How do you know that the Angry Birds app is the same in iOS as it is for Android? They are entirely different coding languages. How do you know that the phones have the exact same applications with the exact same startup settings?

I see the point they are TRYING to make, it's just not a logical one by scientific standards. In that regard it is laughable. It is not something you can fairly compare.
 

Meeho

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This is primarily because SD cards are very slow compared to internal storage and people don't understand things like "you app is gone because you switched SD cards"
People use SD cards mostly for media. Also, those that do use them, usually know how to handle them.
 

Yakk

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Still annoying to use SD cards unfortunately with that memory segmentation for apps.
 

nilepez

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Except not really. They are still basing the baseline model off 16 GB, and absolutely RAPING you to upgrade to a higher level of storage. So storage has really gone nowhere in the last 6-8 years.
The original base iPhone was 4GB. 4x isn't nowhere. That aside, nobody is arguing that apples doesn't rip you off on storage upgrades, but it is what it is.

The point is that SD cards in phones are becoming less common every year, so if not having an SD card makes a phone crap, then most of the best phones are crap (and more will become crap in the coming years).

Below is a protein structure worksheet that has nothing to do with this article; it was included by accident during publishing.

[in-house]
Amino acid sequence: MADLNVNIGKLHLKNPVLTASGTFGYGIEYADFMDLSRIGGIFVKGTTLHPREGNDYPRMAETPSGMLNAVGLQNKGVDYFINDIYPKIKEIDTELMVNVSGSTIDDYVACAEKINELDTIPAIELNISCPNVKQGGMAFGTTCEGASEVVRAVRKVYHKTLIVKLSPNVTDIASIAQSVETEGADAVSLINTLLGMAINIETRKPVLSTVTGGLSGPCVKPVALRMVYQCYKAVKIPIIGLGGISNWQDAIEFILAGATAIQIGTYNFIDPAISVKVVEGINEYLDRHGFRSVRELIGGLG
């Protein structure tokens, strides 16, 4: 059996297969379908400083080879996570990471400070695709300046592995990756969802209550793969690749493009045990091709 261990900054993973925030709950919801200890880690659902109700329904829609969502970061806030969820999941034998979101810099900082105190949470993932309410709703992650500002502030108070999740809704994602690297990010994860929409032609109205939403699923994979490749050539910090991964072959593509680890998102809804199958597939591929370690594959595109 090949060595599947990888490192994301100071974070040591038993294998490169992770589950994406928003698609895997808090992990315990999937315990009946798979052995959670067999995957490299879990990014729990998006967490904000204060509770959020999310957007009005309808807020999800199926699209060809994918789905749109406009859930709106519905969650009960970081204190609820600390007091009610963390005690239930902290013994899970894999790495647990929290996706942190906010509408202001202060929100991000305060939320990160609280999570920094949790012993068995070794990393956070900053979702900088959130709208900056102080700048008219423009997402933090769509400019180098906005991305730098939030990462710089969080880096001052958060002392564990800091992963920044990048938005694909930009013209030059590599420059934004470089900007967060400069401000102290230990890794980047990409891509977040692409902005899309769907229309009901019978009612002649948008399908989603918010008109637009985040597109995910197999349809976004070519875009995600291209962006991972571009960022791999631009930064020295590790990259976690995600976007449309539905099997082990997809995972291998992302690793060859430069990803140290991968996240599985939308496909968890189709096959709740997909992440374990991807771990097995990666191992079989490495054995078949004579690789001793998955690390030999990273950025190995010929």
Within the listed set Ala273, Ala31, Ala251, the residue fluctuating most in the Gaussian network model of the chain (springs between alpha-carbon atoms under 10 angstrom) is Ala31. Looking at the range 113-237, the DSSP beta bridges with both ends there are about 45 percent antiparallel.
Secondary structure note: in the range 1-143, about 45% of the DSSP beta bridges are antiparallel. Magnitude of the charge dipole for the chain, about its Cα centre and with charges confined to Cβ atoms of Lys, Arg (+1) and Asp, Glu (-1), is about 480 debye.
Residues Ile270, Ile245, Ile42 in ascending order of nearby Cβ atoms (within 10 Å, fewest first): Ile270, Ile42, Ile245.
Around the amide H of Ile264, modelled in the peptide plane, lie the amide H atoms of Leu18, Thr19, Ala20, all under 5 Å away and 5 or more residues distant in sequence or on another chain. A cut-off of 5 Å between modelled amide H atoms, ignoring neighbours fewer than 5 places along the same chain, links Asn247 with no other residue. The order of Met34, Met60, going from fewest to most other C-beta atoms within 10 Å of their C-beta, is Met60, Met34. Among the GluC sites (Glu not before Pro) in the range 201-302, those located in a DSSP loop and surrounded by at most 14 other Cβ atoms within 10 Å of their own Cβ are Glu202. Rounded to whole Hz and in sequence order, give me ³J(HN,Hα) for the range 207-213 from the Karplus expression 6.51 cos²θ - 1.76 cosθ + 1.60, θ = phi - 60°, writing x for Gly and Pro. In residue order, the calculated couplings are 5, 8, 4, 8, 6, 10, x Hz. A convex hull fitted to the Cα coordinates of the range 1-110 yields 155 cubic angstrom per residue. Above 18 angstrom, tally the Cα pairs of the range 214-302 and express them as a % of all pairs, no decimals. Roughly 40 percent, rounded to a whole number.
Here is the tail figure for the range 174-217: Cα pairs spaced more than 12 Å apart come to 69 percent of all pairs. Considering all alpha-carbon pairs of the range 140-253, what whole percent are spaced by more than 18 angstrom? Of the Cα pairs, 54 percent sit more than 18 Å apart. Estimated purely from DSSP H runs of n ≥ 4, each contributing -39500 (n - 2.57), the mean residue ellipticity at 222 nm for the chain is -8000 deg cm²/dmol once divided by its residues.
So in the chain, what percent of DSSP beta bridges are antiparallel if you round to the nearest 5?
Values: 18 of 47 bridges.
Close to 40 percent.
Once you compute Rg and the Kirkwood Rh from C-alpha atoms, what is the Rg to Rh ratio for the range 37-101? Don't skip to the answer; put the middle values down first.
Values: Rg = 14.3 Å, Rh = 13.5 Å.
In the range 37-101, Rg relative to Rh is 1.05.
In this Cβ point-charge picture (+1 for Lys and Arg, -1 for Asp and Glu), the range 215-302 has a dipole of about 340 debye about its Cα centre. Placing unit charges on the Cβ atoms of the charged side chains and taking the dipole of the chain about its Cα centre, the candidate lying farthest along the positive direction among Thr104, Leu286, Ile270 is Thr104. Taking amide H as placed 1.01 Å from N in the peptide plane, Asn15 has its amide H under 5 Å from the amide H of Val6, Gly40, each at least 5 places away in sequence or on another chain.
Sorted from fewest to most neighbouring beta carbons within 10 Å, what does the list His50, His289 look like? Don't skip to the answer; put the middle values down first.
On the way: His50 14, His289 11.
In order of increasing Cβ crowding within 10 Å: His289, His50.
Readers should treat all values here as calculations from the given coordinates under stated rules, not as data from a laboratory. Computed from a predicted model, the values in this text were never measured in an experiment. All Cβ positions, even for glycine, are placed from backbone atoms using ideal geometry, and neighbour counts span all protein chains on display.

Zohar78

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For me the Asus Zenfone 2 is the better phone cause it's cheap and has a SD Card slot. Most name brand phones are removing the SD Card slot, but there's always that growing Chinese knock off market.

In fact I had a friend who wanted me to find a Verizon compatible phone to use. The old phone was dropped in the toilet and they didn't want to spend a lot of money for a new phone. Had to be cheap so the first phone I looked at is the Motorola Moto G which isn't bad but no SD Card slot. Alternatively this Chinese Android phone is 5" and has SD Card slot. The screen is lower in resolution, has a mediatek CPU, and probably won't see Lollipop without a community to provide a custom rom.

If the Asus Zenfone 2 wasn't such a great deal I could always go for this Chinese 8-Core. I'm on T-Mobile.
that asus zenforce 2 phone looks really good for the money.. being on Verizon I cant use it though.
 

Obi_Kwiet

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Sounds like Android's memory management hasn't caught up to the amount of RAM in newer devices.
 

misfitsfiend

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I don't find this to be a legitimate comparison because you are comparing Apples to Oranges.

A benchmark program is something that runs the same regardless of what OS you use it on. Hence, why it's an acceptable format for benchmarking.

When you minimize a program in Android or iOS, do you know what the Operating System coding is actually doing? Maybe it triggers a background task as well. How do you even know that this is a stock OS? Knowing Android vendors, they LOVE to toss on extra crap.

How do you know that the Angry Birds app is the same in iOS as it is for Android? They are entirely different coding languages. How do you know that the phones have the exact same applications with the exact same startup settings?

I see the point they are TRYING to make, it's just not a logical one by scientific standards. In that regard it is laughable. It is not something you can fairly compare.
How is this apples to oranges? They are opening _literally_ the same applications in 2 separate environments and it is very clear which phone switches between them faster.

Now, I wanna see this same test performed after both phones have been used for >6 months.
 

dr.kevin

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Is there an iOS device that can hold 50 tabs open with instant switching and no reloading, even after you do a bit of Youtube watching, email reading and picture snapping? How about 30 tabs? 15? 10? 5?
you're a special case.

WTF are you doing with 50 tabs open anyway?

50 different hardforum threads waiting to be read?